‘Ink’ misses the point

THE MISSING INK: The Lost Art of Handwriting. By Philip Hensher. Faber and Faber. 255 pages. $26.

More than ink is missing from Philip Hensher’s book titled “The Missing Ink.”

Readers may find his intense focus on the act of using a pen to write words on paper a good example of letting wheel bearings, hubcaps and tire treads distract a traveler from his journey. While the “habit” of handwriting is an important step in language learning and builds confidence in young writers, a writer must express ideas in those words.

Hensher begins with a predictable history of handwriting and a brief look at the pioneers of handwriting instruction. He then discusses the diminishing attention given to teaching handwriting; also graphology, writing styles and even pens and ink. Between chapters, Hensher interviews acquaintances to highlight the hidden insecurities and prejudices about handwriting.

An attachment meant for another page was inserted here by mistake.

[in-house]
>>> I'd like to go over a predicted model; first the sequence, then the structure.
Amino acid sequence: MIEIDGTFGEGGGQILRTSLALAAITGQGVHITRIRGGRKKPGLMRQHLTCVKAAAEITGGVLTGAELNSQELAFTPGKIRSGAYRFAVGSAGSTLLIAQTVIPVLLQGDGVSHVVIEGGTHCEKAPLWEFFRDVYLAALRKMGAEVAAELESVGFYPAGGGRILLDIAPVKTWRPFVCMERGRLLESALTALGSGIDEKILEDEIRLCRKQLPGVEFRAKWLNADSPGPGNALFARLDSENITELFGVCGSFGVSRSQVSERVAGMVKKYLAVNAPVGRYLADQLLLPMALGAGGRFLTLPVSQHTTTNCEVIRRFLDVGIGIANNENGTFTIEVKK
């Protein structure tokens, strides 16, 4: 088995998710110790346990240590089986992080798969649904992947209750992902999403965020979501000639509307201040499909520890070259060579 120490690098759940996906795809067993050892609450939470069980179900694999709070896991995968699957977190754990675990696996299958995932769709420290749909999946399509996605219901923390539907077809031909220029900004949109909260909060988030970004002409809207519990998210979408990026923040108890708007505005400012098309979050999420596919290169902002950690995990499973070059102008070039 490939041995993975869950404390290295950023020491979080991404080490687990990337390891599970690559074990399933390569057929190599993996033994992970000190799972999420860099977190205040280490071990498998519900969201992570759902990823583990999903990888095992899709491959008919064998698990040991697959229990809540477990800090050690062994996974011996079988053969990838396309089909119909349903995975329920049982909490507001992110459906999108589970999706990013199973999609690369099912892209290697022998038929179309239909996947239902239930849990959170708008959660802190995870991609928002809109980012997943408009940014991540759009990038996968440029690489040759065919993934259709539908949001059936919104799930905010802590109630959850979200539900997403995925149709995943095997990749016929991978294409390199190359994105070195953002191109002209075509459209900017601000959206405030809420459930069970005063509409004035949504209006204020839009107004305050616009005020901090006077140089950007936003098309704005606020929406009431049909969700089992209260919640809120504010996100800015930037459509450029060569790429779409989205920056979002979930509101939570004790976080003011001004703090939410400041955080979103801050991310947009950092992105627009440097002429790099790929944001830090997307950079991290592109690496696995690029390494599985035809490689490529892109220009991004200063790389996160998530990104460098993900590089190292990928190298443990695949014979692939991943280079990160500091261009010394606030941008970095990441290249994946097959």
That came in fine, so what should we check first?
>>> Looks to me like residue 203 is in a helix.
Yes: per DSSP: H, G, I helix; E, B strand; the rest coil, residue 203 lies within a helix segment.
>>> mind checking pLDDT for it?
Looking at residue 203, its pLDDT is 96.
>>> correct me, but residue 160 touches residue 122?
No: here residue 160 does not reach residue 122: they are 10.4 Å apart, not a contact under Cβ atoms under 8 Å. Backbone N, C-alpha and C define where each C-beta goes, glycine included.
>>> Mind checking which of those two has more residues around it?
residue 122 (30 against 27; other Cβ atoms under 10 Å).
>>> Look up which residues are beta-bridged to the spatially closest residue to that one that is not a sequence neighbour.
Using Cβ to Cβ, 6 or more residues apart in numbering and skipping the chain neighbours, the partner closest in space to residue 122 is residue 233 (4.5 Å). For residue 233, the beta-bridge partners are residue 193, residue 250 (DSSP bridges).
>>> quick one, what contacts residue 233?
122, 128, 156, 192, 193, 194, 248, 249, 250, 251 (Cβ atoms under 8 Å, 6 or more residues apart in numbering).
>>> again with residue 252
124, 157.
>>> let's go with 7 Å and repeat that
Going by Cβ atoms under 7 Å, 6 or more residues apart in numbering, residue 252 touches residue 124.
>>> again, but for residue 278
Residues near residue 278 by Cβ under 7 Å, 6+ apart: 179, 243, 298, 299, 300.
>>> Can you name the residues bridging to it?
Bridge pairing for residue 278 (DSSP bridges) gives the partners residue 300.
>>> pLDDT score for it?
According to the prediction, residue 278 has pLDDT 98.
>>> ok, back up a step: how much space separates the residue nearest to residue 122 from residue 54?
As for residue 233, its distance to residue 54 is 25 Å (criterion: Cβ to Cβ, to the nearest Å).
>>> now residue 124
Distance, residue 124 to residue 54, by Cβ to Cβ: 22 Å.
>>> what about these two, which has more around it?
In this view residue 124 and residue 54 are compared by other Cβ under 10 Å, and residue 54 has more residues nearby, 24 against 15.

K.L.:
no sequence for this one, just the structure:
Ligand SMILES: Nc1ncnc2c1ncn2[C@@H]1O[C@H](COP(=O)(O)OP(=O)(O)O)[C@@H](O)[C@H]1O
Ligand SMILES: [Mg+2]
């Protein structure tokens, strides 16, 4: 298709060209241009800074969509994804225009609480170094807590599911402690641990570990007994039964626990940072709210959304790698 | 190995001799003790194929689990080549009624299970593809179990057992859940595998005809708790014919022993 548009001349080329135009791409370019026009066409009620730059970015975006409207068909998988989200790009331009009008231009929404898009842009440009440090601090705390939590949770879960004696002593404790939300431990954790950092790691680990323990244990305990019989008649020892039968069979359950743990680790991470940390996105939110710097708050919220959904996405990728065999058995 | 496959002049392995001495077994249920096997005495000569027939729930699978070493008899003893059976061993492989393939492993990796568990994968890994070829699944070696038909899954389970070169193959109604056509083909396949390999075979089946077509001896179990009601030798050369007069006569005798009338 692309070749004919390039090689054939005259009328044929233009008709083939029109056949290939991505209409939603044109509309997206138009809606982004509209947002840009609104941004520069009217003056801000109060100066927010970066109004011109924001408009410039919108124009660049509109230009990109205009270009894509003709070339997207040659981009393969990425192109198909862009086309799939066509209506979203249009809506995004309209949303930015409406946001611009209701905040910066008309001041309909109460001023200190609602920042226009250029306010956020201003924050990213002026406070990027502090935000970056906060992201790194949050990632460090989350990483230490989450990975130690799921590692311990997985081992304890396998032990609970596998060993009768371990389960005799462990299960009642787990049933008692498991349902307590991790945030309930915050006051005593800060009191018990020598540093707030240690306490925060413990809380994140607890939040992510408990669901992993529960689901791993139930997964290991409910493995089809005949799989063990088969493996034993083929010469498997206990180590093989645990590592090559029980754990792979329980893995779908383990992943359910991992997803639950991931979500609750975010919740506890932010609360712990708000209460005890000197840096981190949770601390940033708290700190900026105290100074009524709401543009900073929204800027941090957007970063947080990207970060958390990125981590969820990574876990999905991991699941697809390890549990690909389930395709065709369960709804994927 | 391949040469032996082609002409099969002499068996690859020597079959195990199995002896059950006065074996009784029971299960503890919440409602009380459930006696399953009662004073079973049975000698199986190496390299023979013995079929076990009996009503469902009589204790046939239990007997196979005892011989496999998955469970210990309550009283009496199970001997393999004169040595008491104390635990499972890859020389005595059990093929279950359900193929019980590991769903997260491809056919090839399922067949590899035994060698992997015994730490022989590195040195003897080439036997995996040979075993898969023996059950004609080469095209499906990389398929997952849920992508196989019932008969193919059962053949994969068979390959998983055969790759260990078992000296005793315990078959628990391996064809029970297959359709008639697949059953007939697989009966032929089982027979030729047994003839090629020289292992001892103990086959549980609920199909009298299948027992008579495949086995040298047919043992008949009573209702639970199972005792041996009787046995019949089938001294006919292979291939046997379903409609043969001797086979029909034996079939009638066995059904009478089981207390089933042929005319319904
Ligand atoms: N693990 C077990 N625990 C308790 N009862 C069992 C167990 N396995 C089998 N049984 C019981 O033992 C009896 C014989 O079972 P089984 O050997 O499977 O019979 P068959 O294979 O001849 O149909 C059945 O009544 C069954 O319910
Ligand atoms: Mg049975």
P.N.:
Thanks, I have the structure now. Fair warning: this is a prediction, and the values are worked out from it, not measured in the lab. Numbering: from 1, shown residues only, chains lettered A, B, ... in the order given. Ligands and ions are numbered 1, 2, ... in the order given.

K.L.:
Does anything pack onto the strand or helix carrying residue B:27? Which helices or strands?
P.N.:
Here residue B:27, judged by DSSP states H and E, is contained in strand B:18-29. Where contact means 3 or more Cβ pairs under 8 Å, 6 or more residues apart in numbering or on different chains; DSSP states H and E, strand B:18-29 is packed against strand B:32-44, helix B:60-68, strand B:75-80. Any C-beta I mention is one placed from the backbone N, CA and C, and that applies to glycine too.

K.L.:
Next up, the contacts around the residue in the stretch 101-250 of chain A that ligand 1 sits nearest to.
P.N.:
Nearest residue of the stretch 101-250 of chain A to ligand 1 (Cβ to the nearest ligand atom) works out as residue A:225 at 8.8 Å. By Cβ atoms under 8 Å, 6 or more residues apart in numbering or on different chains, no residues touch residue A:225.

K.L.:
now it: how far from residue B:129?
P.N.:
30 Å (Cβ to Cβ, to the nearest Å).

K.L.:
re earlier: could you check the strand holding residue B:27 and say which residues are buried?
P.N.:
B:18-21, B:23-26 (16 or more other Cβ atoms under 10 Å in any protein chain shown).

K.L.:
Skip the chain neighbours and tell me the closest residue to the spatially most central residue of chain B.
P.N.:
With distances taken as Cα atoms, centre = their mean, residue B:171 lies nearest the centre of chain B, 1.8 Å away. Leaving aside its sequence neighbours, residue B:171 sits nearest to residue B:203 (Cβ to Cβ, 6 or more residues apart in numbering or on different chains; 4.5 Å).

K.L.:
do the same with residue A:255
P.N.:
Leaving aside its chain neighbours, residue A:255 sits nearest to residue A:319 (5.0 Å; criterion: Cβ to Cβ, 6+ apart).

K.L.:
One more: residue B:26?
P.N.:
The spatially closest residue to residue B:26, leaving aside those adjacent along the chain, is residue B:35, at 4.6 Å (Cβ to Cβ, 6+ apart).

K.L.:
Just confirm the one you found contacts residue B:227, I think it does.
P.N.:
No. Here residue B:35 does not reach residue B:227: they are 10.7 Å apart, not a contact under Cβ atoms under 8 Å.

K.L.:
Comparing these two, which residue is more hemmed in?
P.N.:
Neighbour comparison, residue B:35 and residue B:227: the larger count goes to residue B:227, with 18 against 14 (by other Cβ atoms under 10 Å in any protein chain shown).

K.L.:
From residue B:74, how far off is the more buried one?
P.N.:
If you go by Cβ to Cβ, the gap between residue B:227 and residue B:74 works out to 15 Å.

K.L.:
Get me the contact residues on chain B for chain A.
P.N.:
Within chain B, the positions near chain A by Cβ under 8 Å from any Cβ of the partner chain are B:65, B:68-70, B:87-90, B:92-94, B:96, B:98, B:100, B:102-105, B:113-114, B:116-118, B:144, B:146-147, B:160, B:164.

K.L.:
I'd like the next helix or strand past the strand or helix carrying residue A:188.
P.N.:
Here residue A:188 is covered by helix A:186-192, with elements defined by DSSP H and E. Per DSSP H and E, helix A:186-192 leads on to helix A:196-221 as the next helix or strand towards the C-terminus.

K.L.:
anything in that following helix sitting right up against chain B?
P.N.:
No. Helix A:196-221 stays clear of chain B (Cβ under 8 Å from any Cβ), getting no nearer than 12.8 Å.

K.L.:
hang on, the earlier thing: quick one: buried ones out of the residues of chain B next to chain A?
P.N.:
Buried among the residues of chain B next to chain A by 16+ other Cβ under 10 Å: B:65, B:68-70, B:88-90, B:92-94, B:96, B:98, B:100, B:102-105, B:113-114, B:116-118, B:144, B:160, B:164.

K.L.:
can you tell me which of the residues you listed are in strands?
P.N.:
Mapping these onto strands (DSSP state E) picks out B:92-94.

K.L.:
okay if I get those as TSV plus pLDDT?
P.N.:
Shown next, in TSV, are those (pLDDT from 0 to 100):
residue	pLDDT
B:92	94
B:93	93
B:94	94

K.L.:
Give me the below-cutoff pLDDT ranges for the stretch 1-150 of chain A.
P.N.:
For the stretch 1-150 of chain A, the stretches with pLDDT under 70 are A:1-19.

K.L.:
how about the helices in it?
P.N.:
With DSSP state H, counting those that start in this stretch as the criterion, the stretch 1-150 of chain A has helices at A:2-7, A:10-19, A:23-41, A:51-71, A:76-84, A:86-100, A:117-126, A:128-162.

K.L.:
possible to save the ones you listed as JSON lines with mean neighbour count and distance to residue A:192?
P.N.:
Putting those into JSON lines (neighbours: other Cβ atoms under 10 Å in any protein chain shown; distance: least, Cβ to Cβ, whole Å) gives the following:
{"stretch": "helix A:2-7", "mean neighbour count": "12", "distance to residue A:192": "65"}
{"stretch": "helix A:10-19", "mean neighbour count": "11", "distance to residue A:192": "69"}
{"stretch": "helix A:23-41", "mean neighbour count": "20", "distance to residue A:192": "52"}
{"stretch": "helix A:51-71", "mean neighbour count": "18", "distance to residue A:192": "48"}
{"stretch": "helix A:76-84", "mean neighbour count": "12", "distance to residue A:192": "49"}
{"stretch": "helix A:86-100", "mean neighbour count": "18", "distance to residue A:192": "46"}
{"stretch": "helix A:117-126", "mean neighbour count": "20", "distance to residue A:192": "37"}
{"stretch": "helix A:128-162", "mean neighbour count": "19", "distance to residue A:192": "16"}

To Hensher’s credit, he says handwriting is important because it can identify people, and handwriting identification experts are occasionally called on in court to verify an individual’s handwriting. Furthermore, just as a symmetrical face and trim figure positively influence hiring decisions, so, too, may neat, legible handwriting.

Unfortunately, Hensher fails to address more interesting points about writing, like its therapeutic benefits during a time of loss or great anger; the phenomenon of “hypergraphia,” a manic disorder manifested by the irrepressible urge to write; the “intellectual processing” benefits yielded by writing several drafts of a piece of writing; the memory aid of writing something down; and the marvel of human ability to convey potentially “world changing” ideas by converting individual thought to dispersible print.

Reviewer Hayden D. Shook teaches English as a Second Language at the Community Center of St. Matthew’s and the College of Charleston.